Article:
Transferable: CSU; UC (Transfer Credit Limitations: 1) BIOL 300, 307 and 310 combined: maximum transfer credit is one course; 2) No credit for BIOL 310 if taken after BIOL 400)

This is a survey of biological science with an emphasis on human biology. This course is intended for non-science majors. Topics covered include scientific inquiry, cell structure, transmission and molecular genetics, major organ systems, evolution, and ecology. Major biological principles are explored in each topic, but an emphasis is placed on human issues. The laboratory activities are designed to further investigate and illuminate each topic area. Students interested in a general elective biology course are strongly advised to take either BIOL 300, BIOL 307, or BIOL 310 since some transfer institutions will provide credit for only one of the three courses.

Student Learning Outcomes

Upon completion of this course, the student will be able to:

SLO1:EXPLAIN THE BASIC BIOCHEMICAL, CELLULAR, STRUCTURAL, AND PHYSIOLOGICAL MECHANISMS BY WHICH HUMANS MAINTAIN HOMEOSTASIS.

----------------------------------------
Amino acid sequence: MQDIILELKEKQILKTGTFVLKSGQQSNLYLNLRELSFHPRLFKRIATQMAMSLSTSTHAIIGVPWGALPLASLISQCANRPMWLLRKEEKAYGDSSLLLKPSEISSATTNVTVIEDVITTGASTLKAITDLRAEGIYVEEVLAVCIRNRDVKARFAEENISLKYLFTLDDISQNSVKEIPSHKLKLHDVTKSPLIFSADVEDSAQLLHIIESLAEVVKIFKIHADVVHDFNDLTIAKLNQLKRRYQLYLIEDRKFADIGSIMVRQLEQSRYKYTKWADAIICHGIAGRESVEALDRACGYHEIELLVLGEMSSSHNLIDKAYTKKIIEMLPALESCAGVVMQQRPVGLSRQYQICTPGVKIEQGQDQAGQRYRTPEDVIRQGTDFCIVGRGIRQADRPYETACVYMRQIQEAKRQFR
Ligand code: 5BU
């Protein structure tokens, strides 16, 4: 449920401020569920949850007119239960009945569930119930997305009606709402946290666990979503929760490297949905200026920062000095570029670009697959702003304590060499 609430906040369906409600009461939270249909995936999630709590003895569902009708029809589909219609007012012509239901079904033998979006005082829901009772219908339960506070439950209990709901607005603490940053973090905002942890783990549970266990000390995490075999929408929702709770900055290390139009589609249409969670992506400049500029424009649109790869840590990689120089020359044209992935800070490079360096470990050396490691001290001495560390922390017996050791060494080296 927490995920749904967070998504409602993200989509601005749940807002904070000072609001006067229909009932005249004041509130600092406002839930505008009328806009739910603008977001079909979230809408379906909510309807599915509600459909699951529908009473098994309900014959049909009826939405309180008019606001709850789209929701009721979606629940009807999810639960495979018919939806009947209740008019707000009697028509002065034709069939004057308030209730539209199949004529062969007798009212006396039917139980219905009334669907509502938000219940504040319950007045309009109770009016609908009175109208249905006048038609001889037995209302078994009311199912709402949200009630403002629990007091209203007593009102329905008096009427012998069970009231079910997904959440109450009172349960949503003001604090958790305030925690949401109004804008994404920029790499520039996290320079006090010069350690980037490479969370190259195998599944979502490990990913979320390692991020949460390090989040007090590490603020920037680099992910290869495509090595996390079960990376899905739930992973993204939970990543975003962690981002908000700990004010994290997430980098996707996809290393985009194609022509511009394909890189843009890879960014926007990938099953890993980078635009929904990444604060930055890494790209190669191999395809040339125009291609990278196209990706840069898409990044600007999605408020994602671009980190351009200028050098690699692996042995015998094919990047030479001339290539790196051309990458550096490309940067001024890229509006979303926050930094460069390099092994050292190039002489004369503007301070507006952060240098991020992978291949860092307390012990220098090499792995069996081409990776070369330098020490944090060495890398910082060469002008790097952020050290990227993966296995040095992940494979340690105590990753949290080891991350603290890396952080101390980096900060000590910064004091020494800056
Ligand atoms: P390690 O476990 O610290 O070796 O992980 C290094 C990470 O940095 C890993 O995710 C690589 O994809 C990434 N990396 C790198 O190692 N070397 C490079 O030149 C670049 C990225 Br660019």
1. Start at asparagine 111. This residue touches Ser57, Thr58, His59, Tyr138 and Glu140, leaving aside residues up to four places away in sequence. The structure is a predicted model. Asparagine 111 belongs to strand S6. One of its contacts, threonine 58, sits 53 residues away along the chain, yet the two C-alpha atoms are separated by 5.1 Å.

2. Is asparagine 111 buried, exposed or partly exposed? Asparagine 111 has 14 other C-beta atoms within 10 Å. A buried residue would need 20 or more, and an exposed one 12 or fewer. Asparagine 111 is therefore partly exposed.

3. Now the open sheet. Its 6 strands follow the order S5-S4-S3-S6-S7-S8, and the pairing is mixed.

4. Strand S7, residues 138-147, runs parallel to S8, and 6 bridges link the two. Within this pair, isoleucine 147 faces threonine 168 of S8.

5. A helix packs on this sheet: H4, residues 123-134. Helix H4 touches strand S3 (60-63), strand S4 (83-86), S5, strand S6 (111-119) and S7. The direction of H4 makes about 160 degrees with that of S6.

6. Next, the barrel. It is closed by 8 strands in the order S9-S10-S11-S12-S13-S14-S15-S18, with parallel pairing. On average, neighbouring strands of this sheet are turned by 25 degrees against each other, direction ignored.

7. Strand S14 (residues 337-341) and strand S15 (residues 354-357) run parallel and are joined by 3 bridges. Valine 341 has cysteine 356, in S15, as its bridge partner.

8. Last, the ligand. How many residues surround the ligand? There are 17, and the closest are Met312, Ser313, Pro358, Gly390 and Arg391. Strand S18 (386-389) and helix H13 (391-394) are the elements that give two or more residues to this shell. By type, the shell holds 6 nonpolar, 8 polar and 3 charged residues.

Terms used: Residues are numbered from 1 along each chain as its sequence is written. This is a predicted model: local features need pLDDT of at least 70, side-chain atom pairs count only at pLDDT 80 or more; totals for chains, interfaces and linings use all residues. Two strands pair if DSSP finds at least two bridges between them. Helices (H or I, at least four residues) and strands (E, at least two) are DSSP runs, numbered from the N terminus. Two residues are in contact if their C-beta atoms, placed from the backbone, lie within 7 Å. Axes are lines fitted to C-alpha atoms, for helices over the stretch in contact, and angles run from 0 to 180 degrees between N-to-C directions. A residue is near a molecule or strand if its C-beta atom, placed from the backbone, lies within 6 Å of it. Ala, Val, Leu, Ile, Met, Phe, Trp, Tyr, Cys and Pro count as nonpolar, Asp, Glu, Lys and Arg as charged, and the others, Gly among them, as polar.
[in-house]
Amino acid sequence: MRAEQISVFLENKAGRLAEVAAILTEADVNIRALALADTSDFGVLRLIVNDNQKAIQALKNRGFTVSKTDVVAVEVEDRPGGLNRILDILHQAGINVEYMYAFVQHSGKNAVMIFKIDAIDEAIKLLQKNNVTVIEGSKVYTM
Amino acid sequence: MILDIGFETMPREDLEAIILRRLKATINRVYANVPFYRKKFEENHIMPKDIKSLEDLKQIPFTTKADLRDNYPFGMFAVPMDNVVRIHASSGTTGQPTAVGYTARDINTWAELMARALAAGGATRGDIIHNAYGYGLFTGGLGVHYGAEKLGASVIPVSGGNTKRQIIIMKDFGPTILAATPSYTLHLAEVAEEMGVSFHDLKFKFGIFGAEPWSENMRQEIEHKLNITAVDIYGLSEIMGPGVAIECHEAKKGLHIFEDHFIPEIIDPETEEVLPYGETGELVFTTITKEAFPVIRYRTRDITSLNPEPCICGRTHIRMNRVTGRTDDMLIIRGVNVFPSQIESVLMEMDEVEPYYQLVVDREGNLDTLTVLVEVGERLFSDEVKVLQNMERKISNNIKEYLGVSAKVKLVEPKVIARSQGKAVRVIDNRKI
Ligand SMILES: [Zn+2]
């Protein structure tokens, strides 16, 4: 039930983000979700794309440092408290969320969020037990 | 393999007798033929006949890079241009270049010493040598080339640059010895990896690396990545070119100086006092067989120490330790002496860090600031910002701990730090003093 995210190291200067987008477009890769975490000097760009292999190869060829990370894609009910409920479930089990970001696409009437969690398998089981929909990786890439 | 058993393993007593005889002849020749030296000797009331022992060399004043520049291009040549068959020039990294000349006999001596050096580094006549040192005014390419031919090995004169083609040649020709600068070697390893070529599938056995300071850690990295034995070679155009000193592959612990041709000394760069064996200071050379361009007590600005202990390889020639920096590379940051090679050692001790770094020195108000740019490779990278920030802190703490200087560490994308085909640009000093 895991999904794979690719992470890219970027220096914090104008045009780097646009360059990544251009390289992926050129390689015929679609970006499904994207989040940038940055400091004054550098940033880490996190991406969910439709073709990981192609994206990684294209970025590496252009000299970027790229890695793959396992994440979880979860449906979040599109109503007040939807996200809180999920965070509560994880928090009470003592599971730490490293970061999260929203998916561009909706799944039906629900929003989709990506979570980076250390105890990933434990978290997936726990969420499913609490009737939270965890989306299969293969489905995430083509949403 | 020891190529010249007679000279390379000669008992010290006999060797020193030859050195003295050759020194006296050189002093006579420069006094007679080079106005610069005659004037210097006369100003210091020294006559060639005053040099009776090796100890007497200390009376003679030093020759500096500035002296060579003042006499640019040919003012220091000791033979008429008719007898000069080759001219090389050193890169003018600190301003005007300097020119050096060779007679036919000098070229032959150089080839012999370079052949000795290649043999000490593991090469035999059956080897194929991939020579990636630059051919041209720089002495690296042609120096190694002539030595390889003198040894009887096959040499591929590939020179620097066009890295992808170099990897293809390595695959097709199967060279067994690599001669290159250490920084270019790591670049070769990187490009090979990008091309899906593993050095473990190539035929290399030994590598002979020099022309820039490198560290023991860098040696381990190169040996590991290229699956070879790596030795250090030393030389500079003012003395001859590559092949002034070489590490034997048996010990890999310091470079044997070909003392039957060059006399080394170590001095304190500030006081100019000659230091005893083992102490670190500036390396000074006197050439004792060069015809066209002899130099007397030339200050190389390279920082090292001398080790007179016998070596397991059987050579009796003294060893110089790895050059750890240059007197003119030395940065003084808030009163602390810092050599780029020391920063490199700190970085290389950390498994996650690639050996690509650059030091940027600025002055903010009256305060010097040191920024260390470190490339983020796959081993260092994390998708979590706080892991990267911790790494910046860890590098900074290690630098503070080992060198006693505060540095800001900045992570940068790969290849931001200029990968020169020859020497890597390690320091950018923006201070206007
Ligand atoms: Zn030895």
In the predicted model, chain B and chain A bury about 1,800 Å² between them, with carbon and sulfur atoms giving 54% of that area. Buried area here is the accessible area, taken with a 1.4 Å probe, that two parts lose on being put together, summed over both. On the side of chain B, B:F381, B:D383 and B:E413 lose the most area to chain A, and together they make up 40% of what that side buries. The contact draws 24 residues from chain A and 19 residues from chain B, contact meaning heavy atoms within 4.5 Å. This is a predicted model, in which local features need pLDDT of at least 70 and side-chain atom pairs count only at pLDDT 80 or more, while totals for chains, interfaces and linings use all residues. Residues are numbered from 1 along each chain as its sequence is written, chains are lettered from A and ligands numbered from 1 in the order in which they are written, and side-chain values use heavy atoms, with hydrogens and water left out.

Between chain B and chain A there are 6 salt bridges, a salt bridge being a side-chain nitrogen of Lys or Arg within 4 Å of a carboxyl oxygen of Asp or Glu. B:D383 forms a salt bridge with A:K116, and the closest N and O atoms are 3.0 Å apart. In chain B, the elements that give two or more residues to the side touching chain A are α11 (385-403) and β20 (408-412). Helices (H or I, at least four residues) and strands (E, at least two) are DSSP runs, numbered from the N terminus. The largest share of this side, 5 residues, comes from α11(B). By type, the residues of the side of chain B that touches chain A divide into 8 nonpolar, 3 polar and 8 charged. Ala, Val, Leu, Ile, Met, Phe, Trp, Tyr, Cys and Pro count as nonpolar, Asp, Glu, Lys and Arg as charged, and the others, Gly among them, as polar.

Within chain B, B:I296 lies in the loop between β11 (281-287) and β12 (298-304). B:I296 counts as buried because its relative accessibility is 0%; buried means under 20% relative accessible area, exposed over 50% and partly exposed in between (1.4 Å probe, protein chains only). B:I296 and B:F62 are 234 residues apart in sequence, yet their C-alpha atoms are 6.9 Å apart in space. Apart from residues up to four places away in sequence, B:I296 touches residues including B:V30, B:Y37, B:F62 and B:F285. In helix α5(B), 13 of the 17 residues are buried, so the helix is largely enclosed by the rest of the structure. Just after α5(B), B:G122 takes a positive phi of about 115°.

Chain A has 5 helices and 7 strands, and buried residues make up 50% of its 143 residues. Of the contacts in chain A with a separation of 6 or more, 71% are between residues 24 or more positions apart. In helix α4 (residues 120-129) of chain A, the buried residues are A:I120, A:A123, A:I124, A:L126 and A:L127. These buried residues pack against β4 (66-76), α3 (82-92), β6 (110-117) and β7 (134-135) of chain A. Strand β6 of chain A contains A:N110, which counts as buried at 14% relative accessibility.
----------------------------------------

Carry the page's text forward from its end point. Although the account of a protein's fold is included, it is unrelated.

BIOL 342 The New Plagues: New and Ancient Infectious Diseases Threatening World Health

Units: 3

Hours: 54 hours LEC

Prerequisite: None.

Advisory: ENGRD 312 and ENGWR 101, or equivalent skills demonstrated through the assessment process.

Transferable: CSU; UC

This course will cover general biological concepts and the epidemiology and pathology of selected pathogens such as prions, viruses, bacteria, protozoa, and helminthes threatening public health on a global scale. The course explores the influence of human behavior and activities on the emergence of new infectious agents and the re-emergence of ancient plagues.

Student Learning Outcomes

Upon completion of this course, the student will be able to:

SLO #1: Examine the biology, pathogenesis, and transmission of infectious agents threatening global health.

BIOL 350 Environmental Biology

Units: 3

Hours: 54 hours LEC

Prerequisite: None.

Advisory: ENGRD 312 and ENGWR 101; or equivalent skills demonstrated through the assessment process.

Transferable: CSU; UC